Summary Crimean-Congo haemorrhagic fever (CCHF) is an often fatal viral infection described in about 30 countries, and it has the most extensive geographic distribution of the medically important tickborne viral diseases, closely approximating the known global distribution of Hyalomma spp ticks. Human beings become infected through tick bites, by crushing infected ticks, after contact with a patient with CCHF during the acute phase of infection, or by contact with blood or tissues from viraemic livestock. Clinical features commonly show a dramatic progression characterised by haemorrhage, myalgia, and fever. The levels of liver enzymes, creatinine phosphokinase, and lactate dehydrogenase are raised, and bleeding markers are prolonged. Infection of the endothelium has a major pathogenic role. Besides direct infection of the endothelium, indirect damage by viral factors or virus-mediated host-derived soluble factors that cause endothelial activations and dysfunction are thought to occur. In diagnosis, enzyme-linked immunoassay and real-time reverse transcriptase PCR are used. Early diagnosis is critical for patient therapy and prevention of potential nosocomial infections. Supportive therapy is the most essential part of case management. Recent studies suggest that ribavirin is effective against CCHF, although definitive studies are not available. Health-care workers have a serious risk of infection, particularly during care of patients with haemorrhages from the nose, mouth, gums, vagina, and injection sites. Simple barrier precautions have been reported to be effective.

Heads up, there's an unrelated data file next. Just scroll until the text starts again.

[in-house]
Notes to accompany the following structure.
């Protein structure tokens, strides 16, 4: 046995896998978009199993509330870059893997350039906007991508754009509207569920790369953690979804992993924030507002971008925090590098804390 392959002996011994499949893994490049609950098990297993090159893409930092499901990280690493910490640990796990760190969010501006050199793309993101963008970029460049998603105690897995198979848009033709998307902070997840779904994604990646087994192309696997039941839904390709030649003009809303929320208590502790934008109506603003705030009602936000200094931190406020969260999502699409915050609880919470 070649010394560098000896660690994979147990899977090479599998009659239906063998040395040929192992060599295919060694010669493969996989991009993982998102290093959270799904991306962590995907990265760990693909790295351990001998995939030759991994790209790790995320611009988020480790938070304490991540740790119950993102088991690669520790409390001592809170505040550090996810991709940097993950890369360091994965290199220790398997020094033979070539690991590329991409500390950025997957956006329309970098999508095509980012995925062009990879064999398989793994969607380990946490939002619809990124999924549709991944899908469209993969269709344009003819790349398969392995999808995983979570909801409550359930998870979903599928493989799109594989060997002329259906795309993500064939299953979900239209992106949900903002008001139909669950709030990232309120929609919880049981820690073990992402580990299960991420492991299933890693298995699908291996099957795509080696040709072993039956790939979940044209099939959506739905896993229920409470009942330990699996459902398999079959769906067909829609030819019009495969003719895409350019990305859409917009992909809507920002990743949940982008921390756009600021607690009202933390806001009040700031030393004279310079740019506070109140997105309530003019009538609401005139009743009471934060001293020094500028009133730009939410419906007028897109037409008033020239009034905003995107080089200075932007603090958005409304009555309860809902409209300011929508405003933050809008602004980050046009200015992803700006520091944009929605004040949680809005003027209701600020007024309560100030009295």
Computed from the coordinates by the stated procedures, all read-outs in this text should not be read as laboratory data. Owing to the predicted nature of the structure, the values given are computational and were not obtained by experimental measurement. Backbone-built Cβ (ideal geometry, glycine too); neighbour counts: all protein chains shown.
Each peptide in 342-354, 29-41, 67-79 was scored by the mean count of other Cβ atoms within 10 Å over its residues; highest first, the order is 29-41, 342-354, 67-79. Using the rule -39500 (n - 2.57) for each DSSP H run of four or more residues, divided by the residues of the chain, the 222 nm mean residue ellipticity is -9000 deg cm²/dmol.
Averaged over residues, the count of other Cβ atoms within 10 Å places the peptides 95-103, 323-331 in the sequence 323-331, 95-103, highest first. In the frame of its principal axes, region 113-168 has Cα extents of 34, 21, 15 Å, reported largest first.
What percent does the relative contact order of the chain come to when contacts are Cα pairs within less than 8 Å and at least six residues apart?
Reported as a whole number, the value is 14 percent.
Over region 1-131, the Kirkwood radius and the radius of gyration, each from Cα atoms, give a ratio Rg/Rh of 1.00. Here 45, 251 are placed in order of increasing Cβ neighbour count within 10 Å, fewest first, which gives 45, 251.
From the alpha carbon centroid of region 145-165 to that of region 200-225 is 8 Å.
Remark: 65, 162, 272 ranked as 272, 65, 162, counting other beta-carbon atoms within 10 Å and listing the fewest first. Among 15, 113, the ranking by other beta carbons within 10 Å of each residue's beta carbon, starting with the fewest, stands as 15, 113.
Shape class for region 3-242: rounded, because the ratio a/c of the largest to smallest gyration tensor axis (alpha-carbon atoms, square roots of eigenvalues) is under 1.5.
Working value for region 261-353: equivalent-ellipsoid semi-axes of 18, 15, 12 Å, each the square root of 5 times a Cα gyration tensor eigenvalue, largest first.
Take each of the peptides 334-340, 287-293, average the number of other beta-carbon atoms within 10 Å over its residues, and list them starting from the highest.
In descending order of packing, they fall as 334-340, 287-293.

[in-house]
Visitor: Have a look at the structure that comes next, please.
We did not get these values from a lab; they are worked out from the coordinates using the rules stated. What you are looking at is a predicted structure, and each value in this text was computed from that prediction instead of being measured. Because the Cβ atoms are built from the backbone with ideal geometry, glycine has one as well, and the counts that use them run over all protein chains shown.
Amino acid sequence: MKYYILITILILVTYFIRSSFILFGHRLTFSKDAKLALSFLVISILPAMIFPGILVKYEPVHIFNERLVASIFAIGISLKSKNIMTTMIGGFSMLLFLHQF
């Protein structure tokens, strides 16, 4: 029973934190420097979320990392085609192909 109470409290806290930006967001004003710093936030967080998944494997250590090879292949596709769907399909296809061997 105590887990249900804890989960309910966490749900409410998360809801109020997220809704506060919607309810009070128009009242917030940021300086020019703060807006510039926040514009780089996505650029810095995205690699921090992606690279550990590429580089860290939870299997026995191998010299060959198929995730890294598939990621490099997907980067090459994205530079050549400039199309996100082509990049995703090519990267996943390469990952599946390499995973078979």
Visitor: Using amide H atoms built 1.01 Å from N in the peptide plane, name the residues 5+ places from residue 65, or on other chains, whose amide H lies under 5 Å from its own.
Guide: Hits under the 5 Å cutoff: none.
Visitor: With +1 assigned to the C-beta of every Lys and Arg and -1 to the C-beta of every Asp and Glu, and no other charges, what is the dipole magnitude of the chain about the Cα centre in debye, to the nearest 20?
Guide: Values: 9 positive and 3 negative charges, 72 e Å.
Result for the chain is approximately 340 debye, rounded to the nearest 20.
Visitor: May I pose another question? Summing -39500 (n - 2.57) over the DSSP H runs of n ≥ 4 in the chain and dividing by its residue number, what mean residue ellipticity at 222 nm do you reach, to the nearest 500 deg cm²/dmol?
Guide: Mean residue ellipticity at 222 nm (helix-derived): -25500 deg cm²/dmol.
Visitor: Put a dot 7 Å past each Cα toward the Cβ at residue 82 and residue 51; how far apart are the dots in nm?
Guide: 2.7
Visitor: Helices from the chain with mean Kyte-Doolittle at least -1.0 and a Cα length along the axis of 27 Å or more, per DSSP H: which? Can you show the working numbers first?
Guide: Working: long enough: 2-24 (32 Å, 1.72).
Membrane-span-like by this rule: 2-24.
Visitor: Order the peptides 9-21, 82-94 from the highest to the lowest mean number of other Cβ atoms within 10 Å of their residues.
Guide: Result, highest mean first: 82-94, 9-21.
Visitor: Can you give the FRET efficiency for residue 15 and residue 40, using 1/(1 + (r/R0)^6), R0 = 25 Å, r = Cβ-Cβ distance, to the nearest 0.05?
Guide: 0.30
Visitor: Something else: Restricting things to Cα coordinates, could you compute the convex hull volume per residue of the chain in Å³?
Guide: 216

Author and article information

                Front Physiol
                Front Physiol
                Front. Physio.
                Frontiers in Physiology